For Ethington, no monolithic Progressivism exists. Rather the term operates in a more discursive fashion, differing in its reality from city to city. Moreover, he argues that Progressivism reorganized the public sphere such that “enabled the pursuit of interests by groups and their leaders.” (288). [already quoted earlier but just a reminder… (“By making credible policy demands in the 1880s and 1890s, these institutionalizing group leaders reinforced group identity by forcing political contestation further to revolve around interest provoking legislation … By the beginning of the 1890s the process of political mobilization had created the interest group lobbies considered to be such a natural feature of modern American political culture.” (299) in terms of his argument the FTC lobbying represents both an example of this and also a refutation of previous historical arguments that suggest the labor movement lobbied in response to industry’s own lobbying actions but here Ethington illustrates in part the reverse] Class, race, ethnicity, and gender became the “concrete elements of the political sphere.” (319). Again, using Mollenkopf’s “political entrepreneur”, Ethington suggests that Progressives “infiltrated” organizational parties, transforming the political structures. This view pushes back against such actors as representatives of groups interests, “Political entrepreneurship is thus an activity relatively autonomous from social group formation.” (338). For Ethington, social groups identities remained plastic, the arguments put forth in the public sphere helped to solidify them. For example, the approval of the 1898 charter occurred only after Mayor Phelan persuaded and contested various groups through the public sphere. Irish Catholic support, hostility to the role of women in the political sphere, and the role of the working class combined to approve the charter while rejecting women’s suffrage in California, illustrating another push back by Ethington in which women did not enjoy the support of male progressives. Finally, as already noted many aspects of the Progressive agenda credited to their work including business efficiency government and the like actually emerged much earlier under Vigilante/People’s Party/WPC regimes.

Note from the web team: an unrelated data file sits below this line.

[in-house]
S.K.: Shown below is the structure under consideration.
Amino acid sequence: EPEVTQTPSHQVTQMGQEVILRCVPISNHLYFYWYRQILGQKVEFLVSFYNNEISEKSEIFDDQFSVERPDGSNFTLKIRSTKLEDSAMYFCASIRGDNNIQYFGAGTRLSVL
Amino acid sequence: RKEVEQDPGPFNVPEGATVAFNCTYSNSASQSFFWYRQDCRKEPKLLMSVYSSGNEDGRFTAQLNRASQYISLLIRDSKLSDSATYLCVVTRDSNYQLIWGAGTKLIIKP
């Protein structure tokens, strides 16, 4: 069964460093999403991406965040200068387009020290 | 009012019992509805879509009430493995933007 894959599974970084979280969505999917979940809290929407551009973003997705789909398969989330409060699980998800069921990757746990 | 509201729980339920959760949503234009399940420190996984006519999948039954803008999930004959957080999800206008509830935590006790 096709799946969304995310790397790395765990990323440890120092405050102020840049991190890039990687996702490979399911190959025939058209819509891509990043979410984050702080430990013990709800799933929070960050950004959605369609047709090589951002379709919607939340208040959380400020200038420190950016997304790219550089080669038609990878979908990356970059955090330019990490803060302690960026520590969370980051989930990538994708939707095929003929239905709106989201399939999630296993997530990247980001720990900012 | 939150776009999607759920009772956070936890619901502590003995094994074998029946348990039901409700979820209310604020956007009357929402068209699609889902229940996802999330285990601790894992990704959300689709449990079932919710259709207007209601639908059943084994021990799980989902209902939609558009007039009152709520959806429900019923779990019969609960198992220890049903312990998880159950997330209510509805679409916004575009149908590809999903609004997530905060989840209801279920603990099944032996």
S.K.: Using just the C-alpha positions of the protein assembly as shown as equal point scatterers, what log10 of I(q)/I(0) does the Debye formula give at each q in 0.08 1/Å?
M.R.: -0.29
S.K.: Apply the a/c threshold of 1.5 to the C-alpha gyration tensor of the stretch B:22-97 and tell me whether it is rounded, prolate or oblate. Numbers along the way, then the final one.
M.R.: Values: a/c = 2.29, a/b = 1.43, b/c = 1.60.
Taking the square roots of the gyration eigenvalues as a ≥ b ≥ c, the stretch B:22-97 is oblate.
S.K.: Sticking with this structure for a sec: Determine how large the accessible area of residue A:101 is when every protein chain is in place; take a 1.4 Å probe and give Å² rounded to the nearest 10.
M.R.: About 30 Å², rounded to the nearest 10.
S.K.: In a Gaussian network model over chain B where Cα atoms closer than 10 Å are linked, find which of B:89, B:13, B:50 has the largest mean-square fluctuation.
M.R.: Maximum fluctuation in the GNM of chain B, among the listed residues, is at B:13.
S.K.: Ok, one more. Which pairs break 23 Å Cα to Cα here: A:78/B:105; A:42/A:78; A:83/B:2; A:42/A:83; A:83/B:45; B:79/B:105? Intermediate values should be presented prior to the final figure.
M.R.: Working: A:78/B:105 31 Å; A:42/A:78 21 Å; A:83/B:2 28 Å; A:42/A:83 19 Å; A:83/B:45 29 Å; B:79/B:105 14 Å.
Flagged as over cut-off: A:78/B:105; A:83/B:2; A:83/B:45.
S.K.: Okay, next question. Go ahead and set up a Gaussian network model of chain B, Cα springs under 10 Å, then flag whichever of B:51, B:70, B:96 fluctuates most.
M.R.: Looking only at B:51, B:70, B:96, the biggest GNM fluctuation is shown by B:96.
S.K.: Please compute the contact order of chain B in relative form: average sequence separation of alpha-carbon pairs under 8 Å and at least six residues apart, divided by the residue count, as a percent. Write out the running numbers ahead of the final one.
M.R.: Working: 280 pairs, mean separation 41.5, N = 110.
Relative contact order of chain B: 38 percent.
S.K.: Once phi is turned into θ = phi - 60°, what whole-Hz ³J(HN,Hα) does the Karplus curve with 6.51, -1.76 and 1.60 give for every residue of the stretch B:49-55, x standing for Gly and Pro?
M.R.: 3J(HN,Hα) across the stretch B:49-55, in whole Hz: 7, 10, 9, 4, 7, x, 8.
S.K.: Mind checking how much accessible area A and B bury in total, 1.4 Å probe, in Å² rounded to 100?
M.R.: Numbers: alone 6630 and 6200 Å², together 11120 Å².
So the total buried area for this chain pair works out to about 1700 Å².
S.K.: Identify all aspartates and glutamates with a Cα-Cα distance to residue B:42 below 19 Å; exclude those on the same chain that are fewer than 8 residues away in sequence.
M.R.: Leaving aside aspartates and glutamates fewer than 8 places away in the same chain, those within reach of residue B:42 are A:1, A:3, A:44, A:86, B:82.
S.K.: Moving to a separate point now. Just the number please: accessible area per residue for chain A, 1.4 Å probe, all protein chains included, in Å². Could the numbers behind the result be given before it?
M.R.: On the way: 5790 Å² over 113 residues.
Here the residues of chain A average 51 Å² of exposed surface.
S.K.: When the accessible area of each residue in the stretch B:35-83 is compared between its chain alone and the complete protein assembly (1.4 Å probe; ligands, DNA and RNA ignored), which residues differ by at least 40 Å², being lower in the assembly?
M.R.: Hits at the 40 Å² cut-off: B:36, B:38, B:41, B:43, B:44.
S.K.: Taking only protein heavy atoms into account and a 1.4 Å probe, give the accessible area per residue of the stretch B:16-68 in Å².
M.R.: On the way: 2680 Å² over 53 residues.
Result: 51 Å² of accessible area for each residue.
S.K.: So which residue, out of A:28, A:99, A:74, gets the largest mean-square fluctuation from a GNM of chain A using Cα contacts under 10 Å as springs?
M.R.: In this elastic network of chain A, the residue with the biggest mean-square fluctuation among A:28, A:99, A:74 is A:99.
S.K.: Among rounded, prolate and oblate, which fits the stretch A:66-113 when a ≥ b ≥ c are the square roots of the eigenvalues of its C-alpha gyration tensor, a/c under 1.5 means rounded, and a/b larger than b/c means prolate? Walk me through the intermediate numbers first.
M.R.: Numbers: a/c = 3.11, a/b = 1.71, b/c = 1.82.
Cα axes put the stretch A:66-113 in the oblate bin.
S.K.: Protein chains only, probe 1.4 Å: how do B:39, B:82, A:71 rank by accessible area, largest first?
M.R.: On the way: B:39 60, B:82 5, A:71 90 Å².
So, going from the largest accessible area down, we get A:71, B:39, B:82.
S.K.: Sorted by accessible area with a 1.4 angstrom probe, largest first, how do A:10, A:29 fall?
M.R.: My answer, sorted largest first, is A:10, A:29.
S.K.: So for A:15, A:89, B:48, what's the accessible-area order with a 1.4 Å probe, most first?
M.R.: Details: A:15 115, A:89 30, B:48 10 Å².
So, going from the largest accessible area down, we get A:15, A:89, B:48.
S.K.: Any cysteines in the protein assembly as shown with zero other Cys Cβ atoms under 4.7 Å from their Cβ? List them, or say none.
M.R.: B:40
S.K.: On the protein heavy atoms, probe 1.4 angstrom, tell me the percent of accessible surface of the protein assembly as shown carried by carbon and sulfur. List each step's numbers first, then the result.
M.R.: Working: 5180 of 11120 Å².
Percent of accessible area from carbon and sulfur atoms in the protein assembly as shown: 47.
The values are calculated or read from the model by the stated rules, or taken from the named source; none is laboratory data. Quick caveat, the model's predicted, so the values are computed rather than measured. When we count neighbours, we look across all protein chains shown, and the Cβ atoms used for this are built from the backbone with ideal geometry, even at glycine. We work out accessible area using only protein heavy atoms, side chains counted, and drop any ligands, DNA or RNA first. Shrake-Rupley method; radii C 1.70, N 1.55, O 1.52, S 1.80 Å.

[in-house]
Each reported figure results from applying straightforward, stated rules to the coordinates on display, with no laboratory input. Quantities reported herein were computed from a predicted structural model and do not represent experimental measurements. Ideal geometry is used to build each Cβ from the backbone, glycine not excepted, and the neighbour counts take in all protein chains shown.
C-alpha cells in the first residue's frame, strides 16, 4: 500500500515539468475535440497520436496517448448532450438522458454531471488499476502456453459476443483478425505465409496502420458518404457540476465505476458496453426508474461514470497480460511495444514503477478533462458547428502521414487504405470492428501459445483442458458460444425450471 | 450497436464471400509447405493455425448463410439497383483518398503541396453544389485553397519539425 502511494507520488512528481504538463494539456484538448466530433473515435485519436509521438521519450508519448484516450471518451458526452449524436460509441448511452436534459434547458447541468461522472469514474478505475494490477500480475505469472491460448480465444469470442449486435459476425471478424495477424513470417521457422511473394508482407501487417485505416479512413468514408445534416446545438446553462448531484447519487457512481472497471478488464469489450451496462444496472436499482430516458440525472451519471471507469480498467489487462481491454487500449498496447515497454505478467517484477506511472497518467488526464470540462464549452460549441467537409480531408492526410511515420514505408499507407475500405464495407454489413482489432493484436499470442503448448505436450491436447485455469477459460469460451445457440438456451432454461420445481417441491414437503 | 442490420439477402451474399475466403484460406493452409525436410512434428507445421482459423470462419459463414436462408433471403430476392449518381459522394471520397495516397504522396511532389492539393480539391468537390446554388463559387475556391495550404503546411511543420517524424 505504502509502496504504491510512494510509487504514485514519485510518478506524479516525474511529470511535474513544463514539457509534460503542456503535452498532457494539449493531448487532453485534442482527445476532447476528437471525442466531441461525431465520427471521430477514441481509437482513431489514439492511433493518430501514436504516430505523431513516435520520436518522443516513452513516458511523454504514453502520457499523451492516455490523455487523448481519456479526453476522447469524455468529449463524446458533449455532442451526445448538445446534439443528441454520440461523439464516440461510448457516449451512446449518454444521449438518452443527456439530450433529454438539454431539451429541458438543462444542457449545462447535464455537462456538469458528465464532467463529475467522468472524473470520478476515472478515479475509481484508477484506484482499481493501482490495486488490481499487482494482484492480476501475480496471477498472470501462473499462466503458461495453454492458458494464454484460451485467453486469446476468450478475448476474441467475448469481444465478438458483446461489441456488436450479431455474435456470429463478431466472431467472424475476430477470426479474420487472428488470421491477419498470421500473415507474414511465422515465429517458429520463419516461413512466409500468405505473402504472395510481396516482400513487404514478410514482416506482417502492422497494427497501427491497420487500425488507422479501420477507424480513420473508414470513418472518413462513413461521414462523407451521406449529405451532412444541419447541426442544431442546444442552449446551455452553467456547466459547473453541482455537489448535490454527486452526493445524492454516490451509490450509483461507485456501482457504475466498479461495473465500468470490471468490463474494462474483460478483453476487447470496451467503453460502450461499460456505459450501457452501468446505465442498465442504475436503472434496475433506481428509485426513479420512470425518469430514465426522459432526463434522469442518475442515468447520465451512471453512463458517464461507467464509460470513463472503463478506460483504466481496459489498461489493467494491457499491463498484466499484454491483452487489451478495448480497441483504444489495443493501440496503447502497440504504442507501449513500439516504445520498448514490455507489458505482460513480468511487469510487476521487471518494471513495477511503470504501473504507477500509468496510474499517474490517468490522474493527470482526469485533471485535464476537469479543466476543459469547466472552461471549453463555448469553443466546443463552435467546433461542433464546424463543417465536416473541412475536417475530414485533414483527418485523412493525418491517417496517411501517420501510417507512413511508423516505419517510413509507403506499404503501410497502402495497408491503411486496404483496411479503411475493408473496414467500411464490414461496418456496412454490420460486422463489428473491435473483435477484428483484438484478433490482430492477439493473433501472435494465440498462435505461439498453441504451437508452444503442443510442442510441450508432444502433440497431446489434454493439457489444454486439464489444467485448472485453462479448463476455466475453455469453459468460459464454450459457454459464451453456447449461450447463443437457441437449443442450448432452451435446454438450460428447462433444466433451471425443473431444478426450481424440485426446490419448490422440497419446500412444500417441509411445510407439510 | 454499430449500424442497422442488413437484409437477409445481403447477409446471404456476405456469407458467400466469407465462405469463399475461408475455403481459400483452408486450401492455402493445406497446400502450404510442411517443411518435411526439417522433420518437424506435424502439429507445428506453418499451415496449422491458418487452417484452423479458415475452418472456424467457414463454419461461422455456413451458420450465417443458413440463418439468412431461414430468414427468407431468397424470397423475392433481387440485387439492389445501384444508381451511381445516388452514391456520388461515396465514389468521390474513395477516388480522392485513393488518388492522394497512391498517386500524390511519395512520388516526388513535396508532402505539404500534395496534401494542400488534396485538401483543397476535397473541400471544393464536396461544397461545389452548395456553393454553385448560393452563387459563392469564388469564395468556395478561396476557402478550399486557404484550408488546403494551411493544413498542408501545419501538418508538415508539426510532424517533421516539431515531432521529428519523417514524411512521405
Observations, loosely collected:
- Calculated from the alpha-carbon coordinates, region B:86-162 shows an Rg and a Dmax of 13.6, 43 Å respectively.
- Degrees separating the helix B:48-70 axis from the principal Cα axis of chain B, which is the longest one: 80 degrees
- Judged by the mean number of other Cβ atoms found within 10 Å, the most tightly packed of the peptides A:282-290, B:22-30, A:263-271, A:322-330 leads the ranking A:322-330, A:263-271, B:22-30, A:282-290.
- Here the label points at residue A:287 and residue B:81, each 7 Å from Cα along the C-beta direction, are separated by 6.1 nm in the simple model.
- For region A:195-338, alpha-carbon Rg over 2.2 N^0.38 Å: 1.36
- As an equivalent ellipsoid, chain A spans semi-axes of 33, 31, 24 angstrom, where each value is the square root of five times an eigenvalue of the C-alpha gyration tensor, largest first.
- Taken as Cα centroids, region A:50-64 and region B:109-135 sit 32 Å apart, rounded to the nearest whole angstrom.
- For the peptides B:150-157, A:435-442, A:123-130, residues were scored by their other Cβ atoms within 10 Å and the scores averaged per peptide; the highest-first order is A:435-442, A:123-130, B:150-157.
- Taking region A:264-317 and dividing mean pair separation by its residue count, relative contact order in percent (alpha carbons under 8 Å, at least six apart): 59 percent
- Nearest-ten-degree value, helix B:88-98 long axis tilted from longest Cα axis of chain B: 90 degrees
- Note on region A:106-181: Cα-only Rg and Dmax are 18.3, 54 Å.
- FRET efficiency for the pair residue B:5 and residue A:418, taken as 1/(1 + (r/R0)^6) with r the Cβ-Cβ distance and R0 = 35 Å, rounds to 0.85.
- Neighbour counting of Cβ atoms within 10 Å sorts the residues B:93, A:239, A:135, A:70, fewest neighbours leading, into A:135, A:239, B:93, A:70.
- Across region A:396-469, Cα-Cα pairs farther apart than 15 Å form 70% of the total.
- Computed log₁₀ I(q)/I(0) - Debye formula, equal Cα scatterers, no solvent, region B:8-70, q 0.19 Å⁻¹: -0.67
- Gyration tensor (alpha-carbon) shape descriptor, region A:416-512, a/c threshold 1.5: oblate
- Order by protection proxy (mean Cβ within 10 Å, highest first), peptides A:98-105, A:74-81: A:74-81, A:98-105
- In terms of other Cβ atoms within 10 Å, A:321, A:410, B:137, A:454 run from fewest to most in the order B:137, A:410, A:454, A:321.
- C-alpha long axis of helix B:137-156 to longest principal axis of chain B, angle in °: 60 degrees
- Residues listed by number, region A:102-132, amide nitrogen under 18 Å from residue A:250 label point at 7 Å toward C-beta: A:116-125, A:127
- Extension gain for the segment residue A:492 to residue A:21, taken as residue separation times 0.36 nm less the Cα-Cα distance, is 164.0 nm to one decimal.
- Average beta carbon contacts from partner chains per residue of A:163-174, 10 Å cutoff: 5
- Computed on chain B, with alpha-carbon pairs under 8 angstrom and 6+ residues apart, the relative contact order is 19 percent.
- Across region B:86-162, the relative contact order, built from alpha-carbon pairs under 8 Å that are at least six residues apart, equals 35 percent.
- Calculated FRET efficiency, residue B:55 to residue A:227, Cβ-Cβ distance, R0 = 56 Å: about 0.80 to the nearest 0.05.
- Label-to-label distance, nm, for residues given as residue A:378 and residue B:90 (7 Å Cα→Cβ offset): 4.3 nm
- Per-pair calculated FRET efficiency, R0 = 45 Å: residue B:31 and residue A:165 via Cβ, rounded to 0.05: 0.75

– What about SF’s notorious vice … there is very little mention of this aspect which is curious considering the central role it played … along similar lines leisure here gets no attention despite its importance in terms of the public sphere – to be fair this period may predate such a focus and Ethington seems deliberately attentive to political spheres more than others
- His point about the mobilization of blue collar workers seems to contradict his point … he goes to great lengths to explain the uniqueness of San Francisco and other localities … the presence of a large Chinese population made relational racial identities more common yet he seems to suggest blue collar voters could be uniformly mobilized according to symbolic issues .. the problem here is that it’s not clear whether he means only in SF or that this was a common national variant … thus, wouldn’t such appeals in SF be rather unique compared to other cities of the day?